Liberal Property Rights vs. Collective

Liberal Property Rights vs. Collective Deliberation (WARNING: PHILOSOPHICAL!) — I’m going to jump in here to the debate over property rights taking place between Tom Palmer and Chris Bertram, aka Junius. Naturally, I agree with Tom, because I agree with Tom about most things. However, I do agree with Junius that he did not commit himself to a position as strongly statist as the one Tom seemed to be attributing to him. Nevertheless, I believe that Junius does subscribe to a rather subtler from of statism–one that is false for many of the same reasons that the coarser form is false.

It is agreed on all sides that rights are not invented or necessarily granted by the state. They can arise outside of the state. The question is to what extent these norms morally bind the state. Junius seems to imply that there isn’t much special about rights (in the Lockean mold) to distinguish them from other kinds of norms that may arise in civil society. Additionally, Junius seems committed to the view that decisions of the state have a certain special moral authority insofar as the state is a vehicle for democratic “collective deliberation.” So the moral weight of property rights may be justly overwhelmed by democratic choice. This is really the essence of the disagreement. I bet Tom thinks that there is something special about rights, as against other kinds of norms, that sets a very high bar for their defeasibility. And I bet he thinks very little of the moral authority of decisions made by state mechanisms of “collective deliberation.” (In any case, that’s what Tom would think if he wanted me to go on agreeing with him.)

Junius writes that, “Just because processes of entitlement can and do arise outside of state and formal legal structures, there is no reason to limit ourselves to those processes once we have the means to deliberate collectively about what we ought to do.” And that’s right. The mere fact that property rights arise in civil society is not enough to constrain the legitimate scope of the state. After all, norms of fashion and etiquette arise in civil society, independent of the state. However, it’s not the “informality” or state-independence that create accounts for the authority of norms like property rights. It’s the fittingness of the norm, the rights principles, to the mutual welfare of the individuals who adhere to that norm.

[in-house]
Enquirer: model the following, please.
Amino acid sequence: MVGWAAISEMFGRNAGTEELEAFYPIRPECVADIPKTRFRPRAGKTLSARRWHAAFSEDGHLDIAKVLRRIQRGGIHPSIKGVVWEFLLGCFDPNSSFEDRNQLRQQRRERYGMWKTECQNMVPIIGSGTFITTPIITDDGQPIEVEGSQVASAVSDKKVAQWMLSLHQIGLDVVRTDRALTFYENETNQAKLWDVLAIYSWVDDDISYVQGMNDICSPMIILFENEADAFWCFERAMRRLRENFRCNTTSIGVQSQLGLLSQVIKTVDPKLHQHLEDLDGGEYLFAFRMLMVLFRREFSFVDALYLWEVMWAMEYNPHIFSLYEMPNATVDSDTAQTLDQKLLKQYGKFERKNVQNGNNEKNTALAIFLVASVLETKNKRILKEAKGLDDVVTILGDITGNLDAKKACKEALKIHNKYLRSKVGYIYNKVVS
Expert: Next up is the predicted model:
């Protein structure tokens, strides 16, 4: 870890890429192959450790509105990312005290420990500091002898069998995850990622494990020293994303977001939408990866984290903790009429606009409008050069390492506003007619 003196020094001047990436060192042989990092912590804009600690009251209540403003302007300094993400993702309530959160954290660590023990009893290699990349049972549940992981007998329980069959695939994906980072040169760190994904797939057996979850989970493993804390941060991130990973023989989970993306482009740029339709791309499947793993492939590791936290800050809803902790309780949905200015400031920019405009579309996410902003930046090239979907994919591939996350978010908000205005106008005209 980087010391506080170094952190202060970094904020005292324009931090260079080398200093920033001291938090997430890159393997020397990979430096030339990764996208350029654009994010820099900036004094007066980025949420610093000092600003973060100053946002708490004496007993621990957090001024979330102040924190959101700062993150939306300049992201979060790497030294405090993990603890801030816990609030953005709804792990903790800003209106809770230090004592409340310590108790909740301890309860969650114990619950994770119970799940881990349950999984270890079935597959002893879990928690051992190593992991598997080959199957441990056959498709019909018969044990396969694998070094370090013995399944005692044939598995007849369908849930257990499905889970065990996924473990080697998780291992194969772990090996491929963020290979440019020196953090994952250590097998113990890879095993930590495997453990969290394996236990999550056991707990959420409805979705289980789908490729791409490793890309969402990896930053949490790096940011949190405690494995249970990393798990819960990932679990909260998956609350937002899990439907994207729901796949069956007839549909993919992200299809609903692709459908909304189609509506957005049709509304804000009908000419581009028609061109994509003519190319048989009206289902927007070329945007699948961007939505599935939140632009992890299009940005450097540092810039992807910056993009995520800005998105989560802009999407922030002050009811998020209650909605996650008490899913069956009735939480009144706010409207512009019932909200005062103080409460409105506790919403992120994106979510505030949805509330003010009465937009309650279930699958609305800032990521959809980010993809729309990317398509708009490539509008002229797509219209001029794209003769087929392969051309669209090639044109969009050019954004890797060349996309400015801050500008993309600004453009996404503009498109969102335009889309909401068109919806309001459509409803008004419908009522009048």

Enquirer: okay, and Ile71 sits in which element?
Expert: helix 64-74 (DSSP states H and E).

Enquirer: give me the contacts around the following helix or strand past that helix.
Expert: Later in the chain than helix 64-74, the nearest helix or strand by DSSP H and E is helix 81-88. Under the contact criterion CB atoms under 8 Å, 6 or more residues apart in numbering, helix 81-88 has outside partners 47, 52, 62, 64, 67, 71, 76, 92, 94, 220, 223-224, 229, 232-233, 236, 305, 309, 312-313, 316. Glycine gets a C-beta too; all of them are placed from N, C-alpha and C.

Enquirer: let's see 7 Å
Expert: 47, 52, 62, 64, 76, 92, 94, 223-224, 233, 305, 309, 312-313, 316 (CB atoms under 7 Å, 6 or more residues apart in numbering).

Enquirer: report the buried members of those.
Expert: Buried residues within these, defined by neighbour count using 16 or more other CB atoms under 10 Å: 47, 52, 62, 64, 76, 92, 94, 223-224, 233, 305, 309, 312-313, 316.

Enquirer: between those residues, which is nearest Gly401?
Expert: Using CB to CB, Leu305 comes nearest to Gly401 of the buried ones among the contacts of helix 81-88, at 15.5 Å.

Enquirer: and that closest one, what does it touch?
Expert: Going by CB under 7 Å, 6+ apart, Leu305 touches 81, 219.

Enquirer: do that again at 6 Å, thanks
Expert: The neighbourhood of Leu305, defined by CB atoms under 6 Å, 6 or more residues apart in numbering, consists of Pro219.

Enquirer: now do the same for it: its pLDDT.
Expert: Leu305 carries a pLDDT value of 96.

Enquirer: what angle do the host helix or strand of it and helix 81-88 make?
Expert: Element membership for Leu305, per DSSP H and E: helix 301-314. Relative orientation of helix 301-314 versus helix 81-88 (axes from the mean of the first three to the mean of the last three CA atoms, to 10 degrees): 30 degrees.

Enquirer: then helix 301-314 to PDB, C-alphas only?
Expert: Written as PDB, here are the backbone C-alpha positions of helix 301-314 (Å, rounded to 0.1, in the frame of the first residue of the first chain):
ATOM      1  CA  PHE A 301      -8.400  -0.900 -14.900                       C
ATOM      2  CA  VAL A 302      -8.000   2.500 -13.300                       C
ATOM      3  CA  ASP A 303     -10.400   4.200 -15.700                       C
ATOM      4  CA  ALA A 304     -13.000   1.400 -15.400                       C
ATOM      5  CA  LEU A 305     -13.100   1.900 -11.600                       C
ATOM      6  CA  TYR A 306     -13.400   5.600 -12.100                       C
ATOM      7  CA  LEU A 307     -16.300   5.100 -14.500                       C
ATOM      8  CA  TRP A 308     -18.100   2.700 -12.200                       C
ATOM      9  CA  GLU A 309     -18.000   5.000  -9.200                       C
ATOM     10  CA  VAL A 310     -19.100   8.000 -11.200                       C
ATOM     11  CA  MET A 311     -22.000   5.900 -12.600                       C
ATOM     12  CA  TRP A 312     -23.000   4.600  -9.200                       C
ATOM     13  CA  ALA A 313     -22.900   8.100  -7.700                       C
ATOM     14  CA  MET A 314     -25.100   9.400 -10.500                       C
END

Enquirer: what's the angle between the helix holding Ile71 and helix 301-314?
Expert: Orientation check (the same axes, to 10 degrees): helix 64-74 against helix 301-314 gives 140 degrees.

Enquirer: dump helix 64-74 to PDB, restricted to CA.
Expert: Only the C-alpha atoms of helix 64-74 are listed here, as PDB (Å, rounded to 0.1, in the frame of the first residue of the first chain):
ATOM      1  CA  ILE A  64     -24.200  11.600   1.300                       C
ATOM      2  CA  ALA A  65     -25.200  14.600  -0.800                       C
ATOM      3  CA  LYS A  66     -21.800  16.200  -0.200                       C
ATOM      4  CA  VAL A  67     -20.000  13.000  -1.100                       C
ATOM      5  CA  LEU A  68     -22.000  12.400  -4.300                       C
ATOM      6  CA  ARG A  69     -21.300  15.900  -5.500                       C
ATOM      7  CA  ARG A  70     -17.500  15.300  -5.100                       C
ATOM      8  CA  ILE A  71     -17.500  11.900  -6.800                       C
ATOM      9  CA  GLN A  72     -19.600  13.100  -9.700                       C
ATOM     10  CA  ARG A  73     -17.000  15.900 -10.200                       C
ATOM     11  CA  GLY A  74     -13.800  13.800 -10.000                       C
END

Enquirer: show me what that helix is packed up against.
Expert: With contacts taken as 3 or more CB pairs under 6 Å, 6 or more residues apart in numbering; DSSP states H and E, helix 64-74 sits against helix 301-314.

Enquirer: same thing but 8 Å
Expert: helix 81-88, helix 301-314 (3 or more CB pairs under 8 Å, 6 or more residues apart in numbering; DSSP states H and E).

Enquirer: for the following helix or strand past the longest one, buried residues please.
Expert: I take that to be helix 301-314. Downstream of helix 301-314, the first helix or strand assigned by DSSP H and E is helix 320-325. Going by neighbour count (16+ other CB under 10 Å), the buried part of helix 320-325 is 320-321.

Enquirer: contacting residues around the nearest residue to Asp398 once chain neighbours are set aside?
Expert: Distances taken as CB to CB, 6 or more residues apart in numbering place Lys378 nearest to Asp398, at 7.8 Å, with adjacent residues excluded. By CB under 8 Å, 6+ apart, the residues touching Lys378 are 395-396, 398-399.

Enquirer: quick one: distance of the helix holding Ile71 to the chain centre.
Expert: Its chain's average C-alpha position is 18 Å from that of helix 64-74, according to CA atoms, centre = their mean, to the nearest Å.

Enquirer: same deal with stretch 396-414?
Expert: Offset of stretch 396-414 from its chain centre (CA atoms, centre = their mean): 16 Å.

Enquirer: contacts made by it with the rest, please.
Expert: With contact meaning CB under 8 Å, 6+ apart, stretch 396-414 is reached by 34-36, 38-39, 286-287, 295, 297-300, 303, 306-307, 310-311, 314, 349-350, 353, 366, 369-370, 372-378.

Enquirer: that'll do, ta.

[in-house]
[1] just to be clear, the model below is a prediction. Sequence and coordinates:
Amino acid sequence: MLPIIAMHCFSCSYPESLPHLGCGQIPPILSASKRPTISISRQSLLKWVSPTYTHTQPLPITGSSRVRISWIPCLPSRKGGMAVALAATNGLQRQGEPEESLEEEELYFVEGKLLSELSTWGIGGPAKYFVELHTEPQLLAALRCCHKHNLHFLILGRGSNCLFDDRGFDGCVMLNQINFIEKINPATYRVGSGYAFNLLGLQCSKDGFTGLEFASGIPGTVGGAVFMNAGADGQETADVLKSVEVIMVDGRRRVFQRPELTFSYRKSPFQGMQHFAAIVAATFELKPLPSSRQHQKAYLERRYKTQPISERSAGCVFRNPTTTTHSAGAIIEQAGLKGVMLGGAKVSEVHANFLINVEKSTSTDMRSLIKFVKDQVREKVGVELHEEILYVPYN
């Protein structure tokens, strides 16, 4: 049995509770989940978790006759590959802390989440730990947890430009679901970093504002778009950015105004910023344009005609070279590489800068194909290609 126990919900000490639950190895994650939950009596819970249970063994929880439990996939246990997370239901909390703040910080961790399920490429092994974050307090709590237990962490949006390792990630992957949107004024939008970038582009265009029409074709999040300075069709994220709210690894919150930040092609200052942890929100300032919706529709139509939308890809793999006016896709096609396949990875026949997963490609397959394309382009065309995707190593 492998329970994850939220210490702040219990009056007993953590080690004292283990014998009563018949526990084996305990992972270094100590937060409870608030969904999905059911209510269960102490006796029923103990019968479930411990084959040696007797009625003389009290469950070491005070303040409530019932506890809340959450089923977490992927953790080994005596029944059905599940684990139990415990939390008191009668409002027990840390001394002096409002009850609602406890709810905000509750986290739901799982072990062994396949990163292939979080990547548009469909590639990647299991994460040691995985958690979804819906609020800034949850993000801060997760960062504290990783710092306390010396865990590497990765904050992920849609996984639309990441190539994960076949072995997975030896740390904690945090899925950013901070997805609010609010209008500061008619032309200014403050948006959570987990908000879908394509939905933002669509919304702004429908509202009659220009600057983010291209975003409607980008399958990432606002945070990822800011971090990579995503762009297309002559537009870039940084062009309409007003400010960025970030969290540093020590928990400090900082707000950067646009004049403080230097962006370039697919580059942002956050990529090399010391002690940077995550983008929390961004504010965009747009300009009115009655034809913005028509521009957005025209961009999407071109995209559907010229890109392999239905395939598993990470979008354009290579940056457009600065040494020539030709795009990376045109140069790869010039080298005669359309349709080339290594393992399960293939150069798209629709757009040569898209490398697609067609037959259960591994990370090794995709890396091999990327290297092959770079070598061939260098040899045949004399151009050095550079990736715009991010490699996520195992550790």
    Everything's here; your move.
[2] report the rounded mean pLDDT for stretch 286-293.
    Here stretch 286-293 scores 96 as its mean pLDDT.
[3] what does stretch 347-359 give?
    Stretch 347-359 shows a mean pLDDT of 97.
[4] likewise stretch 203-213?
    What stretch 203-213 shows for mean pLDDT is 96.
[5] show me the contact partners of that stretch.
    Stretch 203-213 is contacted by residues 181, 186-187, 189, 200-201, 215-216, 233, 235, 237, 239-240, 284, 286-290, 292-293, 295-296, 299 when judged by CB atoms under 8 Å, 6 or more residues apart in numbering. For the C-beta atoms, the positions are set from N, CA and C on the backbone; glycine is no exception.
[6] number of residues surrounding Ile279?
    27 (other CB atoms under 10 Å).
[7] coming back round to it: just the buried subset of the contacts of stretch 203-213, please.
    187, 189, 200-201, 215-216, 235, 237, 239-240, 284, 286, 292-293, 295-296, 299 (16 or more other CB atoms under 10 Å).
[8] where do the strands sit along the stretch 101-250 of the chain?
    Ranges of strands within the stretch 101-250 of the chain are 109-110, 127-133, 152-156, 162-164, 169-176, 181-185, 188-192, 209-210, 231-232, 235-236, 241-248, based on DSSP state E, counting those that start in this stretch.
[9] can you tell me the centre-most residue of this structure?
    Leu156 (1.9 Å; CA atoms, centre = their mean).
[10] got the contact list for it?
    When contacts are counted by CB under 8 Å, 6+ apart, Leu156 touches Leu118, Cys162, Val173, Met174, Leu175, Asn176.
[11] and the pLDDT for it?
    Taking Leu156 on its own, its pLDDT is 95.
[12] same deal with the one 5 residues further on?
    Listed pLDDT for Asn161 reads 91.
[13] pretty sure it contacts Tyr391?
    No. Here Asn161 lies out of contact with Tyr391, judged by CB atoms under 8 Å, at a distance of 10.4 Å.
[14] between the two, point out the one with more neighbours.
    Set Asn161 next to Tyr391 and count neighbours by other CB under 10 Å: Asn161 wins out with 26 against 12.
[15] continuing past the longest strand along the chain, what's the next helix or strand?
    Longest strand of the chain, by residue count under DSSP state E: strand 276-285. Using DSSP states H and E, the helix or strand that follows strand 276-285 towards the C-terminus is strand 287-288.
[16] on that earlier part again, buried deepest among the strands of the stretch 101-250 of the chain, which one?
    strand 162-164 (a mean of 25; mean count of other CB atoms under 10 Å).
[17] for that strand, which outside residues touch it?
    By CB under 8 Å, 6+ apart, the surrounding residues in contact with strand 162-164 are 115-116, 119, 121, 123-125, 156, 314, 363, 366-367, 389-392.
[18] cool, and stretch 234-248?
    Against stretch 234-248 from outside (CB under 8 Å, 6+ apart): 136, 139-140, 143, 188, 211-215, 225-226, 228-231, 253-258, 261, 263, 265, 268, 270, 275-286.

Where property rights principles come from is one question. They emerged historically for various reasons. Their ongoing ontological basis is another thing. Rights, like other norms, seem to me to be a kind of social facts, in John Searle‘s sense of a social fact. That is, it’s a fact that I have a property right in my computer in something like the way that it’s a fact that a One Dollar bill is worth what it is, or in the way that it is a fact that hitting the ball over the outfield fence constitutes a home run. There is a set of shared set of representations and intentions that constitutes the fact. The normative authority of a rights principle is yet another thing. The normative authority derives from the relationship between the system of principles and the well-being of the people who subscribe to them.

Philosopher David Schmidtz makes a distinction between procedural and teleological justifications for institutions. Junius seems to me be attracted to a strongly procedural conception of institutional justification. He concedes that an institution may have normative teeth just on the basis of convention, but seems to be saying that have REAL normative teeth, an institution (like a system of property rights) must be brought about, or at least vetted, by some sort of “fair” collective decision making process. My view is that procedure has very little to do with justification. A set of institutions is justified just in case it will make it possible for individuals in general to be better off than they would be under alternative institutions. That is, it’s justified because of the good results it tends to bring about for each individual, not by the process by which the institution emerged.

Furthermore, it strikes me that collective deliberation and democratic decision are in fact exceedingly bad mechanisms for improving individual well-being, other then the well-being of rent-seekers who know how to use democratic processes to coercively extract things from others. There is no reason to expect that the people who engage in collective deliberation and democratic decision will ever know enough to design a system that will bring about better consequences than the unsullied system of liberal property rights. Nor is there any reason to believe that people who are empowered to bring about redistribution by force will be motivated to redistribute optimally, rather than motivated to redistribute to themselves. Indeed, there is every reason to believe that the participants in these processes will always have insufficient information, and will always be motivated to game the system. Given this, it’s hard to see how the output of these processes could have much normative authority at all, much less trump the normative authority of the system of liberal property rights.

Author: Will Wilkinson

Vice President for Research at the Niskanen Center